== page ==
Friday, 13 April 2012

Update: 13/04/2012

New post on

The Dystopia Is Now

Sorry I haven't posted in a while, deadline season is upon us so I will be scare till about June when I come out of hibernation!!!

I've also got a big long list of blogs to follow so I will follow you back just give me time! 


Wednesday, 7 March 2012

Studio study: Factory Fifteen

This animation/architecture company specializes in futuristic, Utopian and Dystopian architecture.
The animation is spectacular and I will leave the images to speak for themselves.

Structures built on the London eye? The pavement giving way to the only surviving ecology? Its an interesting concept.

Imagine London as a giant construction site, rebuilding after a world war.

Most of their work lives with the conceptual range...

The images above appear to have been based upon ideas of 'angels' and 'tornados' whereas the top image in the poster below appears to be more contemporaneity themed.

The idea of an alien spaceship, an extra-terrestrial being comes through here

There are elements of the utopia and dystopia in everyday life. They are not a point in the future, they are constant. Ever-changing with the times, heavily affected by the political and sociological systems. But will they get better or worse?

Saturday, 3 March 2012

Futuristic Chairs

So wh have these spaces now we need furniture. Lets start with chairs. Sexy chairs. Let me know which one is your favourite!

(check out the tiny tv!)

Would these chairs fit into our modern buildings and spaces?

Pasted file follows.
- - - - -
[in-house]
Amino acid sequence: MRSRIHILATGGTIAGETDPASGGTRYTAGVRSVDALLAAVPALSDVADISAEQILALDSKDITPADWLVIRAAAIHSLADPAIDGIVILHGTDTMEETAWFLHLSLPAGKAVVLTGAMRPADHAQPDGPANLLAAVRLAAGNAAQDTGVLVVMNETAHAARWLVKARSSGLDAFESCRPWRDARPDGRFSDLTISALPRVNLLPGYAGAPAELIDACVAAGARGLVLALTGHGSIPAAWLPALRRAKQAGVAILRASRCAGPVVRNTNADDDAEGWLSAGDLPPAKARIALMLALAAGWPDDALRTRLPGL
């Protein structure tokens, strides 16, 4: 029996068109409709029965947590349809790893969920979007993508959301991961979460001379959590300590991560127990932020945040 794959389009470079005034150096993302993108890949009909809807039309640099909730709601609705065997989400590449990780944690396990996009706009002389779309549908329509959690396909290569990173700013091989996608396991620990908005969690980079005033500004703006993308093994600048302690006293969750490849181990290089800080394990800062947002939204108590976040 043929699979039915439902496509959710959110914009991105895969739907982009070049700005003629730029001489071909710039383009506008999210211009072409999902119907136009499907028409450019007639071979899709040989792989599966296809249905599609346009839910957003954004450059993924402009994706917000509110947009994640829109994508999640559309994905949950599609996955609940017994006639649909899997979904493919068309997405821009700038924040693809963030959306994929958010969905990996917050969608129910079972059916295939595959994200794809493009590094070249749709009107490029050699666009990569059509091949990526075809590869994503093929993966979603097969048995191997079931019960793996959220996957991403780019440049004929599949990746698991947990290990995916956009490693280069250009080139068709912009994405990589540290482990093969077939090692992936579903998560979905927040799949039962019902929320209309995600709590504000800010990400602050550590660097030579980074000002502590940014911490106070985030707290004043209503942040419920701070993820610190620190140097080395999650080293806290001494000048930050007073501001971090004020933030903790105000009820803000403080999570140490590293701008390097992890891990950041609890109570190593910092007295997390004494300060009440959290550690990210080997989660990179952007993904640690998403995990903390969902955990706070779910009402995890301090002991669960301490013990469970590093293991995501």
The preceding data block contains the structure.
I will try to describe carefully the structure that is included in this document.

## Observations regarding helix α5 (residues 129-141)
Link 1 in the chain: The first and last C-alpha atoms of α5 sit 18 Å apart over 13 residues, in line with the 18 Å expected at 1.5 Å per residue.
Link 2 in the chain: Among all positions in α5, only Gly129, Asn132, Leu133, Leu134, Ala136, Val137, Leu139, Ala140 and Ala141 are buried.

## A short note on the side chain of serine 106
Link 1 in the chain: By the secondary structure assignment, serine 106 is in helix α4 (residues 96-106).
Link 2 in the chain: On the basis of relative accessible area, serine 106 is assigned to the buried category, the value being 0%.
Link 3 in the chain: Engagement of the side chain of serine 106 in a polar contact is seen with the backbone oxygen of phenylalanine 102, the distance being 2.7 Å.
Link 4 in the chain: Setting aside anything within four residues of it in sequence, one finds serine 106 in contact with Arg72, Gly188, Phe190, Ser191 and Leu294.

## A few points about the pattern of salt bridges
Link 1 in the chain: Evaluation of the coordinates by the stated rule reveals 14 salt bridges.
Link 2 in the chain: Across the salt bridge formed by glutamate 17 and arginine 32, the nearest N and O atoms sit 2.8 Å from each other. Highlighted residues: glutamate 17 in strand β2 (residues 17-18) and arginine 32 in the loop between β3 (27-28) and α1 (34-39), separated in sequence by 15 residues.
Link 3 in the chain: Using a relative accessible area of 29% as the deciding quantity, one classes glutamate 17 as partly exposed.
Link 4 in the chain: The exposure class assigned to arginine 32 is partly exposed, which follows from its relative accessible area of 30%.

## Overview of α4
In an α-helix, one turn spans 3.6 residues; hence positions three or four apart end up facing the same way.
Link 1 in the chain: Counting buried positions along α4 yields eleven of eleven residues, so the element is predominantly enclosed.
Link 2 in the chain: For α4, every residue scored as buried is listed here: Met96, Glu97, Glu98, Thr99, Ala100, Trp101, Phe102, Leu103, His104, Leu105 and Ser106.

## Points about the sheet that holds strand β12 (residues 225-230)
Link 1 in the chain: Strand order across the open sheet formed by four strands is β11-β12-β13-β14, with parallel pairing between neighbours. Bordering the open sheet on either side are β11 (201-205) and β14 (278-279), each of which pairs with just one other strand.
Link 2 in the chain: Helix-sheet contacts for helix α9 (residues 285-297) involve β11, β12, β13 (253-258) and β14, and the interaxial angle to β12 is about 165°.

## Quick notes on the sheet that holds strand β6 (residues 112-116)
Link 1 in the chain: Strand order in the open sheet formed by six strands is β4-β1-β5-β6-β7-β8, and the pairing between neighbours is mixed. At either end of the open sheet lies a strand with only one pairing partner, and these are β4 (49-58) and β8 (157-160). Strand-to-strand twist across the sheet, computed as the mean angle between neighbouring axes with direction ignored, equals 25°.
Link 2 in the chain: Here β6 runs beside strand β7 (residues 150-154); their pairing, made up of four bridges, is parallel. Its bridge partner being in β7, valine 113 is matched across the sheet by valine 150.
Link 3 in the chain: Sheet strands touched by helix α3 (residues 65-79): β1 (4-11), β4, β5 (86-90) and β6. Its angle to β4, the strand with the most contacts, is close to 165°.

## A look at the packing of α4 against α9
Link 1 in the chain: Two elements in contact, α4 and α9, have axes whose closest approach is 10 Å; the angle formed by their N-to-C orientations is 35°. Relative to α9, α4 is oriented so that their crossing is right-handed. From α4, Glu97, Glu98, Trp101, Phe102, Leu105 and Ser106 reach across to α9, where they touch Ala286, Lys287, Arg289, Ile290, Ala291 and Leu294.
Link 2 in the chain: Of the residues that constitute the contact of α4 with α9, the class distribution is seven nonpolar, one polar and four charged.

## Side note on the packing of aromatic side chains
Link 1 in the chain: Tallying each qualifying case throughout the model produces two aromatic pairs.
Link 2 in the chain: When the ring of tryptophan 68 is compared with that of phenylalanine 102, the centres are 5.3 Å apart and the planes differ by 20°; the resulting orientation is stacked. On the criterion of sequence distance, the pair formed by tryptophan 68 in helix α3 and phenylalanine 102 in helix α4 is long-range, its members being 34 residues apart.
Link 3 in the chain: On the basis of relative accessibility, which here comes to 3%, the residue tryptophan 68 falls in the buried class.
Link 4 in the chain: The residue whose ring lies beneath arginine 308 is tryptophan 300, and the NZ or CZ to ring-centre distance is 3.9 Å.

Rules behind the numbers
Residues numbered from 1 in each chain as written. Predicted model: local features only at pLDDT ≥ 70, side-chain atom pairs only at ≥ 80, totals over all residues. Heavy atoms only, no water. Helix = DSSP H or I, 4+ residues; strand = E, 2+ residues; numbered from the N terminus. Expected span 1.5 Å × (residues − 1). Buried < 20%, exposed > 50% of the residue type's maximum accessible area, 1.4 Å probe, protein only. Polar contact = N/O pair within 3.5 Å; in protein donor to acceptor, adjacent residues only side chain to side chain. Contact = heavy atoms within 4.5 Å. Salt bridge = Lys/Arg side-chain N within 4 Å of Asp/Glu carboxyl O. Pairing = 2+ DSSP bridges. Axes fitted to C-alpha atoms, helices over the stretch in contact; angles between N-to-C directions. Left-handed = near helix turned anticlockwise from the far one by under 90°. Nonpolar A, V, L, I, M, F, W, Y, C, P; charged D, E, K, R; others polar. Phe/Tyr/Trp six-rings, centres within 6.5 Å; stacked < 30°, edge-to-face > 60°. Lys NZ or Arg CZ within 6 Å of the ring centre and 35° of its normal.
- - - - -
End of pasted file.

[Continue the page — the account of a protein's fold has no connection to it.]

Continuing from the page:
They all seem to be designed around relaxing rather than work so are we not going to have to work in the future? 
Are robots going to do all our work for us?
All I know is I want one!!!

Quick Graphical Spatial Design

In order to understand or propose an idea to someone we need to present it clearly. So we can design a room in a house, a cinema theater, a swimming pool more 'efficiently' with graphics. Here I am going to show how you can work off a sketch-up model, but you can also use a drawing.

Step 1

From your sketch-up model you need to go File > Export > 2D Graphic.
Save it somewhere then open it in photoshop.

Step 2

We need some images that we can use for the interior:

Step 3

Now we need to cut them down and stretch them to fit our image:

Use the eraser tool and the lasso tool to do this quickly :)

Step 4

Add some life and light and voila!
(For the light use a low opacity white paintbrush)

This technique is used in industry for quick testing of spaces; it has taken me 15 minutes to create the second to last image! (I took my time on the last one ;) )
It can be used to show material quality, lighting, etc., so whether you are designing a building or designing a game try it out!!!

Please feel free to leave any suggestions, comments or questions below.

Sunday, 12 February 2012

Nuclear Shelters

Apocalyptic Architecture, 2005

"Since the invention of nuclear weapons and the possibility of destroying the entire civilisation, many protective structures were built. The notion of the shelter became the main strategy for the survival of civilisation. Many dystopian visions seemed to become reality and humans had to live underground beneath the uninhabitable surface.

This research project investigates these structures and their relation to society during the Cold War, as well as their relevance today. Some of them are hidden as they were kept secret and some are hidden inside other structures.

Digging under the surface of the Cold War means bringing something forward that might lie under everyday structures. (Images: US Office of Civil Defence, Public Shelter Designs, 1960s)"

Basically at the beginning of the most tense years of the Cold War (1962 Cuban missile crisis, through the 70s and 80s) architecture reverted to the fundamental idea of shelter.

On a purely graphics note, these are done using watercolor and fine-liner, using colour as a way of blurring out the background and highlighting the nuclear shelters!

Friday, 3 February 2012


“Architecture is life, or at least it is life itself taking form and therefore it is the truest record of life as it was lived in the world yesterday, as it is lived today or ever will be lived.”

FRANK LLOYD WRIGHT, An Organic Architecture